TRUCKSAFETY: Buoyed by a $3 million federal grant, Michigan is leading the nation in an initiative to increase off-road parking areas for weary tractor-trailer drivers in a bid to improve highway safety. The emphasis is on I-94 in Southwest Michigan and I-75 between the Ohio line and Flint. We hear the MDOT director, the U-M Transportation Research Institute and the Michigan Center for Truck Safety. By Zhao Peng. FOR THREE RIVERS, STURGIS, BLISSFIELD, GRAND RAPIDS BUSINESS, HOLLAND & ALL POINTS.
YOUNGTRAVELTREND: We know that fuel-efficient vehicles and a gas tax that hasn’t risen in decades mean insufficient gas tax revenue to maintain Michigan’s roads and bridges. But the MDOT director and U-M researchers cite another reason to worry about money for roads — more young people opting for public transit and bicycles rather than buying cars. We also hear from the founder of a bike-sharing program in Grand Rapids and the Michigan Public Transit Association. By Stephanie Hernandez McGavin. FOR GRAND RAPIDS BUSINESS & ALL POINTS.
LIQUORLICENSE: Some senators want the state to be able to issue liquor licenses to homes for the aged. They say the homes should be allowed to sell and serve booze to residents and their guests. Sponsors are from Rockford, East Lansing, Troy and Frankenmuth. By Yuehan Liu. FOR GRAND RAPIDS BUSINESS, LANSING CITY LIMITS & ALL POINTS.
ECOSYSTEMRESTORATION: Ecosystem “assets” in the Great Lakes region, such as sport fishing, boating, beach use, park visits and birding, contribute significantly to the tourism economy of shoreline communities and can influence restoration priorities for the lakes, according to a new study that relies on ultra-detailed mapping. We talk to experts from the Nature Conservancy, U-M and the Lake Erie coordinator for Michigan’s Office of the Great Lakes. By Colleen Otte & Eric Freedman. FOR MARQUETTE, SAULT STE. MARIE, BAY MILLS, ST. IGNACE, CHEBOYGAN, LEELANAU, HARBOR SPRINGS, MANISTEE, HOLLAND, TRAVERSE CITY, PETOSKEY, ALCONA, MONTMORENCY & ALL POINTS.
ENERGYAPP: A new web application for Consumers Energy and DTE Energy customers calculates the sources of energy that customers use and lets them adjust the mix on their screen to reflect their preferences. PicMyEnergyMix – developed by the Clean Energy Now Coalition, Engage Michigan and Resource Media – is still in the piloting stage, with plans for national expansion. By Colleen Otte. FOR GRAND RAPIDS BUSINESS & ALL POINTS.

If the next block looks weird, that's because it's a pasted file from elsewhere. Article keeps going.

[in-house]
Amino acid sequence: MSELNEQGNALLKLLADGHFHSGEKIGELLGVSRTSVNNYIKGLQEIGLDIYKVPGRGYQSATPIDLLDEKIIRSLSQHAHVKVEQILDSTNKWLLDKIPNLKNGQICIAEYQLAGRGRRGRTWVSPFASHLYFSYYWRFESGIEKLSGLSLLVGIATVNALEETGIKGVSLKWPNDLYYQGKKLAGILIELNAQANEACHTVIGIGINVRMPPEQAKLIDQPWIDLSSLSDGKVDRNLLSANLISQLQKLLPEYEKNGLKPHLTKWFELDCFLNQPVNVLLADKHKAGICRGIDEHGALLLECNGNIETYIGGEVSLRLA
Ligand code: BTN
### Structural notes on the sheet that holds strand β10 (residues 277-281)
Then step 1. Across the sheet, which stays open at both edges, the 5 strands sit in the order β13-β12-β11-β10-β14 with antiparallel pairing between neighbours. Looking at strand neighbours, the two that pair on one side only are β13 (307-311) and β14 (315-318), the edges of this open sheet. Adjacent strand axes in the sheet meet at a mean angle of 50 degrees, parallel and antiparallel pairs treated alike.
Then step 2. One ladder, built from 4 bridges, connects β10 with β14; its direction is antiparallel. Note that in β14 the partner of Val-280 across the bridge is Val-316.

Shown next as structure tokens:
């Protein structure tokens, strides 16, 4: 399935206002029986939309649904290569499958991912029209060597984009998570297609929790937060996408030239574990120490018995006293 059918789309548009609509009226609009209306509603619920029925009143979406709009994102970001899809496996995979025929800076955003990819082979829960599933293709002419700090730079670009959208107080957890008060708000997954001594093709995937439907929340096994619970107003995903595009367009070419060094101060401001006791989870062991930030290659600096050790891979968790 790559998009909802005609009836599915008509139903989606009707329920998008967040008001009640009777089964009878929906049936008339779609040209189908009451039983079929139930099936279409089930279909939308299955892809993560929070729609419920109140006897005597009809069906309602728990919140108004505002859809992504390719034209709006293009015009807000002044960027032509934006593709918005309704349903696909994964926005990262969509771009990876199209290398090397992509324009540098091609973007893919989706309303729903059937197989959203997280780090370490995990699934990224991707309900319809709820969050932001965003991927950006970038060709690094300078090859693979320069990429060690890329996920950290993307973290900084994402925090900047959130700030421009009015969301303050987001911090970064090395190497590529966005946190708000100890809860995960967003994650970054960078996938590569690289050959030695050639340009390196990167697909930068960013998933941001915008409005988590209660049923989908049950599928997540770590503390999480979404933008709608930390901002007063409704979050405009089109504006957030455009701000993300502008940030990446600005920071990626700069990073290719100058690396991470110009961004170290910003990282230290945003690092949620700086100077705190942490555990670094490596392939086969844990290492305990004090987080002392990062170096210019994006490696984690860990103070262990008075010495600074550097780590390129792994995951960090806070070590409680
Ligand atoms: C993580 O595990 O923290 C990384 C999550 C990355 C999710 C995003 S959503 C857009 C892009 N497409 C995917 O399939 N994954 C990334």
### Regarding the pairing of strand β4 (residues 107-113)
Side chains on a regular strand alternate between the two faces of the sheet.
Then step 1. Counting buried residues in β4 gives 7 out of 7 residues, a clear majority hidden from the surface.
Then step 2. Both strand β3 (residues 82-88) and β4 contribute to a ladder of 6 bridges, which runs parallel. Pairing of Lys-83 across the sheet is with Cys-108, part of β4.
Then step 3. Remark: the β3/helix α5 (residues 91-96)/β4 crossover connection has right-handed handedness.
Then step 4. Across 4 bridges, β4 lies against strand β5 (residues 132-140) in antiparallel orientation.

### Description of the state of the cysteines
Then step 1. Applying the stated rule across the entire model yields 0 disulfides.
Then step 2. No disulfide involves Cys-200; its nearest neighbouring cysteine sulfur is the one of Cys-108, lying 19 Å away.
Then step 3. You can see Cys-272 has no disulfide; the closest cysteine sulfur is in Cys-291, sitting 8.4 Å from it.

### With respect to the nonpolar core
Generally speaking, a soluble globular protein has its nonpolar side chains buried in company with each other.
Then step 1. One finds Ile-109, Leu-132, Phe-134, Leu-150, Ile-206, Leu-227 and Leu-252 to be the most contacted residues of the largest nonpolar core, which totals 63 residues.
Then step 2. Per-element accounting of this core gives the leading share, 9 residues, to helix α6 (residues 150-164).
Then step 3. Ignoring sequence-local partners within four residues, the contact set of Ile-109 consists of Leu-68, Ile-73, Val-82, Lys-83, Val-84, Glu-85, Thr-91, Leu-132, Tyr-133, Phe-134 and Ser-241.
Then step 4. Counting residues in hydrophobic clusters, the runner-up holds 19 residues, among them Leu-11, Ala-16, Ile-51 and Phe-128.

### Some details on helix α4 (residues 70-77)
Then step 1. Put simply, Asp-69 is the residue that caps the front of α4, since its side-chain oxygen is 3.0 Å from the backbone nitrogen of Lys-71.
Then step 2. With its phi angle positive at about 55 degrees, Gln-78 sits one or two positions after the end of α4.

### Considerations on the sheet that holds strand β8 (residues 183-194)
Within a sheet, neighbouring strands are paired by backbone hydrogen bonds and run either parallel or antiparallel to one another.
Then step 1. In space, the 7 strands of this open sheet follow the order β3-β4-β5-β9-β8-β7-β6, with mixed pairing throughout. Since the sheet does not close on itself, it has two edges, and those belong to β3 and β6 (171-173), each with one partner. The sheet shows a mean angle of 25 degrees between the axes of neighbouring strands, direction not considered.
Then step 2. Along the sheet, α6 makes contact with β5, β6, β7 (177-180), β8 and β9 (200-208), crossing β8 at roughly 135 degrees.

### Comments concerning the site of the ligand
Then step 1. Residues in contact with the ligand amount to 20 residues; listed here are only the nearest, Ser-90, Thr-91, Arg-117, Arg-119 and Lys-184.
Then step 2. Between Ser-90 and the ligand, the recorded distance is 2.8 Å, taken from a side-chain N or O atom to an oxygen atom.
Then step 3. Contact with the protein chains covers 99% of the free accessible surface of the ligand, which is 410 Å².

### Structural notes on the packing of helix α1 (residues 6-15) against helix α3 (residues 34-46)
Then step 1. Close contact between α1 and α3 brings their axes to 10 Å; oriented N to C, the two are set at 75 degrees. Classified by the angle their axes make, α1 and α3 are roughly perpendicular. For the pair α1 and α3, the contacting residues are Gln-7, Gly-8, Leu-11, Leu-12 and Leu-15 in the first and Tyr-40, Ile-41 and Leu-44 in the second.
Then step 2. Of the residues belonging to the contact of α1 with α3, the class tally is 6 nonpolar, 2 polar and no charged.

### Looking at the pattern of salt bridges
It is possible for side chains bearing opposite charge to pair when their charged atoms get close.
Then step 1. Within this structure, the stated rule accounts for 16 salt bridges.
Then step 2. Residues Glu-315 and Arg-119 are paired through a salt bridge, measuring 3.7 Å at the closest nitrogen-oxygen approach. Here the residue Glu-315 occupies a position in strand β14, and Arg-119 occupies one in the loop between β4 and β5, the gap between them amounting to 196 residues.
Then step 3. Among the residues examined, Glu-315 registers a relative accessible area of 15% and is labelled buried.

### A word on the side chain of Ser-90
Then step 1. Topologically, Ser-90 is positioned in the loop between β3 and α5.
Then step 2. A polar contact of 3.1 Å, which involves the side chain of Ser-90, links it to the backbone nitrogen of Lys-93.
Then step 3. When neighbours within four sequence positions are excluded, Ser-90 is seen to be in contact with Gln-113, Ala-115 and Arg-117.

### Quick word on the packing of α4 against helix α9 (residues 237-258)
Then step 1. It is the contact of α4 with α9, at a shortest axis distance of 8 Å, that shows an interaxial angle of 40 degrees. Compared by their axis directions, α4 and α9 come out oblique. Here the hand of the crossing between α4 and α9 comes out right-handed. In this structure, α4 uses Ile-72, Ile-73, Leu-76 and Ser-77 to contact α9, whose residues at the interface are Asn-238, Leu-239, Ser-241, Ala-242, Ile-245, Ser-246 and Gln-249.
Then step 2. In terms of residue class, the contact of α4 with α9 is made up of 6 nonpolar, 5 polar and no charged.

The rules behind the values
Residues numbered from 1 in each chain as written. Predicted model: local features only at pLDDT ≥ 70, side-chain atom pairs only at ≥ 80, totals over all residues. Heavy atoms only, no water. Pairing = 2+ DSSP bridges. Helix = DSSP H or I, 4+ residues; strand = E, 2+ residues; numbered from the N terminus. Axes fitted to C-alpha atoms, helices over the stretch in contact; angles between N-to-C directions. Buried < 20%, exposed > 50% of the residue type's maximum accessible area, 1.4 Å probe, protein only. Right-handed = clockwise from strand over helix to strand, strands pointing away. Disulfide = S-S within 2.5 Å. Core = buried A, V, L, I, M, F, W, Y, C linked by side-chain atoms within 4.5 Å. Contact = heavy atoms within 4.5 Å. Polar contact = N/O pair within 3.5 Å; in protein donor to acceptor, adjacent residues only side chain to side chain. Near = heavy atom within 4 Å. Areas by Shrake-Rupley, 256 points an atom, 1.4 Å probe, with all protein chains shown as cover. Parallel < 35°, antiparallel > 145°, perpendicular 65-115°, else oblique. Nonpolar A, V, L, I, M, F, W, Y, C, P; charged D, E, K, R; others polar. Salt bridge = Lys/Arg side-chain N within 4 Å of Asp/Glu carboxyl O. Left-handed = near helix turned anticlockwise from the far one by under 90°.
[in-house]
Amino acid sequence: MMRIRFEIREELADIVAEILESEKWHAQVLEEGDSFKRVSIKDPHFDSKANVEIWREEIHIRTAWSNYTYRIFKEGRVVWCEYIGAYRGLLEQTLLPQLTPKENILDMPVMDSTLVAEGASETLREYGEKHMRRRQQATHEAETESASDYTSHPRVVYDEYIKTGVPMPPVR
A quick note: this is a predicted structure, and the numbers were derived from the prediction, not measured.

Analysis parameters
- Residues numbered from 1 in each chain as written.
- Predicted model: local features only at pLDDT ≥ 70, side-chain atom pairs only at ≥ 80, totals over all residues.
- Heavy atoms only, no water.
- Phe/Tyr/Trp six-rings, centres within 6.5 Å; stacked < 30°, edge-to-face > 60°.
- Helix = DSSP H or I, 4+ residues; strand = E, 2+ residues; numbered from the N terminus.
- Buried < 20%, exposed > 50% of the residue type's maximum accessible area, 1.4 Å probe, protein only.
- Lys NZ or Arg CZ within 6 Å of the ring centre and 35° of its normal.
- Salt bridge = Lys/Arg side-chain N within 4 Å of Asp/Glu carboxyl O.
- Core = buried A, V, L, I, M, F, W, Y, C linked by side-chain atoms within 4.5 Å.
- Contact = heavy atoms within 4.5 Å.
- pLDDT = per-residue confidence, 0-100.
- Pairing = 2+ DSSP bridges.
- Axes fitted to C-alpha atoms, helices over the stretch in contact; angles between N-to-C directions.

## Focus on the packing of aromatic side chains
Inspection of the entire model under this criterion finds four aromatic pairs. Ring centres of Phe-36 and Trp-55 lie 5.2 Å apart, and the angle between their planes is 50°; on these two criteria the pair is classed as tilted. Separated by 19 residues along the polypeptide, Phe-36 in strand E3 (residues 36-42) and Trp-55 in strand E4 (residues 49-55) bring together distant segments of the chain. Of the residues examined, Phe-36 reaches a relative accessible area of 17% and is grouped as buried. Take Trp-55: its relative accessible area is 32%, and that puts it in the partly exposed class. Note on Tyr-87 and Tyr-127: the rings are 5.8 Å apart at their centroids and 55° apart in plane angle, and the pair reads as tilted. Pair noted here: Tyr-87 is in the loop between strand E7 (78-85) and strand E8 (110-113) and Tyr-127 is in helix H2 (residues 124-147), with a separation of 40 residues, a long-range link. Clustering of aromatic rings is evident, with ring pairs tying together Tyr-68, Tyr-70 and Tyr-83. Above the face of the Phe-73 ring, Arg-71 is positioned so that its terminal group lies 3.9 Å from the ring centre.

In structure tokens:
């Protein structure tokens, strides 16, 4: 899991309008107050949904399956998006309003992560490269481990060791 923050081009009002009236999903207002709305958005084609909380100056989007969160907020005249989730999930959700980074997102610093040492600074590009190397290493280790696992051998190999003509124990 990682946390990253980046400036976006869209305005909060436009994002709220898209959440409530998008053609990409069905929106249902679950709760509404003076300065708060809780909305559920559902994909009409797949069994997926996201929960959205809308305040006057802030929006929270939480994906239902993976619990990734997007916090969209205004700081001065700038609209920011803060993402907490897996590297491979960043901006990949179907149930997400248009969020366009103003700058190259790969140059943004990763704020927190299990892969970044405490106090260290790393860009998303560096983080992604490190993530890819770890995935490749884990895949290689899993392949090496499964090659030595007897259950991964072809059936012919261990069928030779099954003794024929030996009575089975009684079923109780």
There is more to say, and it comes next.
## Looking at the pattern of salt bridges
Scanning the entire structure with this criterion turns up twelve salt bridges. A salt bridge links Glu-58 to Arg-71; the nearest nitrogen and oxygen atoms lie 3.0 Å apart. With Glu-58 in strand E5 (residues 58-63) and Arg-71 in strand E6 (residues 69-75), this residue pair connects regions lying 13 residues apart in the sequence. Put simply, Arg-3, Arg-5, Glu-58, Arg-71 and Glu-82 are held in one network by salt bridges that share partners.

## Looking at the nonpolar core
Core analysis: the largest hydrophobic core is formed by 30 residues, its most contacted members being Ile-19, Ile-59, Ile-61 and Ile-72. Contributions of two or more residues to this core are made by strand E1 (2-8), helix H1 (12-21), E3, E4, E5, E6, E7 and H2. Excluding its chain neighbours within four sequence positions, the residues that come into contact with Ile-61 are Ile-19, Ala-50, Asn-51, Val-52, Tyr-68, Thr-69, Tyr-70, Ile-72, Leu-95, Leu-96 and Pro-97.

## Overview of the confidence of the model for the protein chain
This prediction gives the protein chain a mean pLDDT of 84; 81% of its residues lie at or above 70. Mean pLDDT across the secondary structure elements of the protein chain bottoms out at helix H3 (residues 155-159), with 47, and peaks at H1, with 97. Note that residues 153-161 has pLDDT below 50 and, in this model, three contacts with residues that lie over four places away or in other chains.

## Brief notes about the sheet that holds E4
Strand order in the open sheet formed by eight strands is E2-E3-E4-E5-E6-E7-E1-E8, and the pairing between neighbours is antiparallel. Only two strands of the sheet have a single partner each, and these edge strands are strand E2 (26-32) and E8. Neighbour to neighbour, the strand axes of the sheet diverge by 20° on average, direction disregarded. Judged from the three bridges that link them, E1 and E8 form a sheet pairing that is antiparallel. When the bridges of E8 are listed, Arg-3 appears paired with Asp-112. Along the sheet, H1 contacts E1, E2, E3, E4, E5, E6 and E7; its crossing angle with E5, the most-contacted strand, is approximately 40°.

w/ENERGYAPPGRAPHIC: PicMyEnergy app for DTE Energy customers. Credit:
CULVERTS: A pilot project in the Huron-Manistee National Forests shows that replacing culverts with bridges may benefit fish through improved connectivity of streams but creates risks of more pathways for invasive species and of fine sediments that can smother spawning beds. Meanwhile, DNR and nonprofit groups are inventorying all culverts in Michigan, with roughly 10,000 already tallied in the Northern Lower Peninsula. Other projects are underway or finished in Keweenaw, Gladwin, Newaygo, Crawford and Presque Isle counties. We talk to the Forest Service, DNR, Manistee County Road Commission and Notre Dame researchers. By Eric Freedman. FOR MANISTEE, LUDINGTON, GLADWIN, CRAWFORD COUNTY, CHEBOYGAN, CADILLAC, TRAVERSE CITY, MARQUETTE, SAULT STE. MARIE, ST. IGNACE, ALCONA, MONTMORENCY, PETOSKEY, LAKE COUNTY, HERALD STAR & ALL POINTS.
w/CULVERTSHINTONBEFOREPHOTO: Culvert before replacement at Hinton Creek in the Huron-Manistee National Forests. Credit: University of Notre Dame.
w/CULVERTSHINTONAFTERPHOTO: Bridge across Hinton Creek that replaced a culvert in the Huron-Manistee National Forests Credit: University of Notre Dame.

Comments are closed.